Ghost in the Shell (2017)
A beautiful shell. A haunted ghost. Ghost in the Shell is a fitting adaptation to it’s predecessor, taking on it’s spirit, it’s ghost, and giving it a pristine modern shell.
There are some films that rely on imagery. Where visual storytelling and kineticism are king. Where you dive into another world.
Ghost in the Shell is beautiful, dark, ugly, and haunting. Much like Blade Runner, the world seeks to transfix you.
This version seeks to be far more global than it’s predecessor, more diverse. And while some may claim that white-washing is at play here, there is no better actress to play the Major than Scarlett Johansson. An A-list starlet, rare among her time, possessing an elusive alchemy of strength with grace, and humor with conviction. Making everything look easy, like the Major should. And though I sincerely hope that there’s an English-speaking Asian actress with dramatic chops and action-star qualities somewhere out there in the world, I’m just not sure we’ve seen her yet.
The supporting cast adds some much needed depth to the world. Juliette Binoche, Beat Takeshi and Michael Pitt all bring a sense of legitimacy and realism to what could be a far more hammy movie. Michael Pitt in particular, shows some true torment and pain. Some recklessness and rage.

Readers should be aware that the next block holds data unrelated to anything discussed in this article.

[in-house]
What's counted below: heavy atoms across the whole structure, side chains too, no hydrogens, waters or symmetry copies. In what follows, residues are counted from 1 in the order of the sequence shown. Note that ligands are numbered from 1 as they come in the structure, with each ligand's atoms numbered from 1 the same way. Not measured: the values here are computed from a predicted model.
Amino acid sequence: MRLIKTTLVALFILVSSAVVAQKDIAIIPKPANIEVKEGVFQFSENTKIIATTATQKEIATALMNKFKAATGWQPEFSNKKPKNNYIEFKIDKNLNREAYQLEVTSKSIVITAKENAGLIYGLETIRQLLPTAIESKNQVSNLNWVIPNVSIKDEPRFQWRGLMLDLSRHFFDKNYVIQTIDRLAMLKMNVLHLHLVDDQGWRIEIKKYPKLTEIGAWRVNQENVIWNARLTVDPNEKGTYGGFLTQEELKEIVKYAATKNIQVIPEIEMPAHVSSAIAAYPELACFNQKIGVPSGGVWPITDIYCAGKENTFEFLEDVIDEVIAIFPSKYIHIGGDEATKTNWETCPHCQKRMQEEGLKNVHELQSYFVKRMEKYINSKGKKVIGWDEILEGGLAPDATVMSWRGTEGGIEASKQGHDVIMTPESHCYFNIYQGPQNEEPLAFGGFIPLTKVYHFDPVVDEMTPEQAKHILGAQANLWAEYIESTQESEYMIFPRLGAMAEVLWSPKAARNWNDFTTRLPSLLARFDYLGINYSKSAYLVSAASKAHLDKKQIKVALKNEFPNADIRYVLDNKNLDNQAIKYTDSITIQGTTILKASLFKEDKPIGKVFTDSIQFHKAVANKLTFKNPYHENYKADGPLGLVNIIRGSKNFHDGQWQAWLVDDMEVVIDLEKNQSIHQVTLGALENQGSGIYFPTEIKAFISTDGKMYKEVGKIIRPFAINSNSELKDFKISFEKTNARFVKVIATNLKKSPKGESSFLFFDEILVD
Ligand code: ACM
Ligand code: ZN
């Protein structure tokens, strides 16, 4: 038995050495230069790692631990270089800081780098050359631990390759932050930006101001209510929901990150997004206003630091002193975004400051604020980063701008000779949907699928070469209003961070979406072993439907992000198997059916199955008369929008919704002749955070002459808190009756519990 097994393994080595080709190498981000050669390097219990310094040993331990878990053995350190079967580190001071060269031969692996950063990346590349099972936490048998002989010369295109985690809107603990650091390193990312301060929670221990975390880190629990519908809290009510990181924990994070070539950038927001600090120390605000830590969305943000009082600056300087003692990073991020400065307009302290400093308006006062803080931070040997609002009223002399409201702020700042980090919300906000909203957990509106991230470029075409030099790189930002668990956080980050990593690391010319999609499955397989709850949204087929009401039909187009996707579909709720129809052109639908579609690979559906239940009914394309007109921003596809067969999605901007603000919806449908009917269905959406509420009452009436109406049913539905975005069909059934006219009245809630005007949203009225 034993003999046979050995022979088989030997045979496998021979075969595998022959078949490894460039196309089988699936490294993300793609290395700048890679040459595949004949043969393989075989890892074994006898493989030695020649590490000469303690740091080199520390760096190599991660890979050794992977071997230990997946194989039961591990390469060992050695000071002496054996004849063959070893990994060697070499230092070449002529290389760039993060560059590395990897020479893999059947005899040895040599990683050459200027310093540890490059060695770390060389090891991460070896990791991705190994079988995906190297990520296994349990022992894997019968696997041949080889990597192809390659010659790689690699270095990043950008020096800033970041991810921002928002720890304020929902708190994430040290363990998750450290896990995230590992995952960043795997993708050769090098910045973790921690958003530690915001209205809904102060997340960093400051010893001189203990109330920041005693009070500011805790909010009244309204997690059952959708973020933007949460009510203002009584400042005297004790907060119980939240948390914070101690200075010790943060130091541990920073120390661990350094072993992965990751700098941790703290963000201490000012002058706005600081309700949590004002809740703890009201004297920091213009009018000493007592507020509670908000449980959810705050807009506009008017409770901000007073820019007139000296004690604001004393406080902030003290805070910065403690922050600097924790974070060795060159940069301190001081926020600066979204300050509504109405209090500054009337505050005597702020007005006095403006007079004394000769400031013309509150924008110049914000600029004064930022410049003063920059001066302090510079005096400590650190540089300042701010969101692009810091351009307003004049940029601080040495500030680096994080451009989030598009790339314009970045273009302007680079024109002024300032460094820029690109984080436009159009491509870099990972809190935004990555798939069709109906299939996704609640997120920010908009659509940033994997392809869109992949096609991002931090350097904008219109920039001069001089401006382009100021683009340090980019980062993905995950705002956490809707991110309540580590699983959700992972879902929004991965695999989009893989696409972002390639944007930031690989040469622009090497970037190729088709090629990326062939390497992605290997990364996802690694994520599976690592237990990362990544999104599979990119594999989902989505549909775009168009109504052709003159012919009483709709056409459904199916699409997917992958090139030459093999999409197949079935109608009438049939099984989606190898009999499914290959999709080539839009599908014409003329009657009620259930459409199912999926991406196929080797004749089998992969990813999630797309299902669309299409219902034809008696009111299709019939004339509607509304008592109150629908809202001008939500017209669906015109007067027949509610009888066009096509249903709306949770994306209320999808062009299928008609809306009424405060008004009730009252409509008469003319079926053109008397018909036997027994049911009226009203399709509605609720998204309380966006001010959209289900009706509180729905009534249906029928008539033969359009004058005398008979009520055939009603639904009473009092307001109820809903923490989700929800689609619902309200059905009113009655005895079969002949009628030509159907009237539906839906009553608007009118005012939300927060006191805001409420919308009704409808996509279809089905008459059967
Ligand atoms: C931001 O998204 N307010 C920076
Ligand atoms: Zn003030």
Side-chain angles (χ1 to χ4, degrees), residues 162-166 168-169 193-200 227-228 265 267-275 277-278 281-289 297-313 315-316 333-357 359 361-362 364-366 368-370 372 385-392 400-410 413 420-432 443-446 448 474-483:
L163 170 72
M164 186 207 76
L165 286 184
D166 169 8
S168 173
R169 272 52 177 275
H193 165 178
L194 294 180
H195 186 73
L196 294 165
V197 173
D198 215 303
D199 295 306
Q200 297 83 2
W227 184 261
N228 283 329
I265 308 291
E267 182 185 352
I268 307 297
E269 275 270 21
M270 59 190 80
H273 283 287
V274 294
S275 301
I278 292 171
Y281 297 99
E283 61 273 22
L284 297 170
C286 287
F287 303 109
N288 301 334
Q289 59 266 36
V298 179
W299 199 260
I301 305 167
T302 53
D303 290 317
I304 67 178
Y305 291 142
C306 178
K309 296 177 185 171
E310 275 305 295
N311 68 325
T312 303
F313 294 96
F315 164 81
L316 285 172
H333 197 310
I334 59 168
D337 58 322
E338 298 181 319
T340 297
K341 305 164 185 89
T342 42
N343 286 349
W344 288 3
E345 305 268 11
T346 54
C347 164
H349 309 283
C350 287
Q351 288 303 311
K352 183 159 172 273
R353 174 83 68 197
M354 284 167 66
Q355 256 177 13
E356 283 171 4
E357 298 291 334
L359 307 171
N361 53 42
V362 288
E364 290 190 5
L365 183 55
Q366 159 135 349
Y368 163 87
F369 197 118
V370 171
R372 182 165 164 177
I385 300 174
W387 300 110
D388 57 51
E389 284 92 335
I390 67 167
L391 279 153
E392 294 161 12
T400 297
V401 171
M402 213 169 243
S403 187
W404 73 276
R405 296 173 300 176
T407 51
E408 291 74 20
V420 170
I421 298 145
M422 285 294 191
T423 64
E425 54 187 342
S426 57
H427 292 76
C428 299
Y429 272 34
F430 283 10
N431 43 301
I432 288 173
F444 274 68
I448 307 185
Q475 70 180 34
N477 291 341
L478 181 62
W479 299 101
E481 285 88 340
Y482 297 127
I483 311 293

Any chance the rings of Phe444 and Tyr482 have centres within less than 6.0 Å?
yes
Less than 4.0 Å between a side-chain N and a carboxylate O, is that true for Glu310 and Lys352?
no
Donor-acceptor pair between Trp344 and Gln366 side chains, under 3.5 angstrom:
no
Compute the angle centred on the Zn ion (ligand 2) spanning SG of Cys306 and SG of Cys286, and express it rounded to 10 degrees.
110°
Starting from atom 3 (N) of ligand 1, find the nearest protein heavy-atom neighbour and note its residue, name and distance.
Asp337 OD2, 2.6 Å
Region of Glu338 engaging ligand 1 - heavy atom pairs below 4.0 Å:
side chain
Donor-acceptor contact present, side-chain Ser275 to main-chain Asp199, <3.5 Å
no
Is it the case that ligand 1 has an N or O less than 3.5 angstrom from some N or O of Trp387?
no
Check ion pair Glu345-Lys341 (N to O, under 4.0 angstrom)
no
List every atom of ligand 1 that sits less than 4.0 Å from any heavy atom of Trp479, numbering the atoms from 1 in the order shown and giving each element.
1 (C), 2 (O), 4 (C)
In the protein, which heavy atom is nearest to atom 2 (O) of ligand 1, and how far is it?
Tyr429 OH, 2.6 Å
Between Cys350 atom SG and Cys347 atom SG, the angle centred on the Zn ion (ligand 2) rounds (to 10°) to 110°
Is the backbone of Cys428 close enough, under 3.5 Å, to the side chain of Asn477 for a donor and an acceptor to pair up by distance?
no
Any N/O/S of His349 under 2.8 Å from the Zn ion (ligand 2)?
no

There are two major criticisms that this film will take on. One will be in regards to it’s story and dialogue, and the thoughts that they’re shallow or empty. The other being that it’s retreading on storytelling concepts long repeated before.
Some of the dialogue and voiceover being hammy, I can buy that. The ending monologue is probably the most egregious moment in the film and would be far better off without it. But what most don’t realize is that the original Ghost in the Shell was a breakthrough for not only science-fiction, but for storytelling as a whole. The Matrix, Avatar, Ex Machina and countless other films were directly influenced by Ghost in the Shell. The dichotomy between human intelligence and artificial intelligence, the integration of technology in our everyday lives, all of these ideas were a genesis for the existential, man and machine concepts and questions so prevalent in our society today.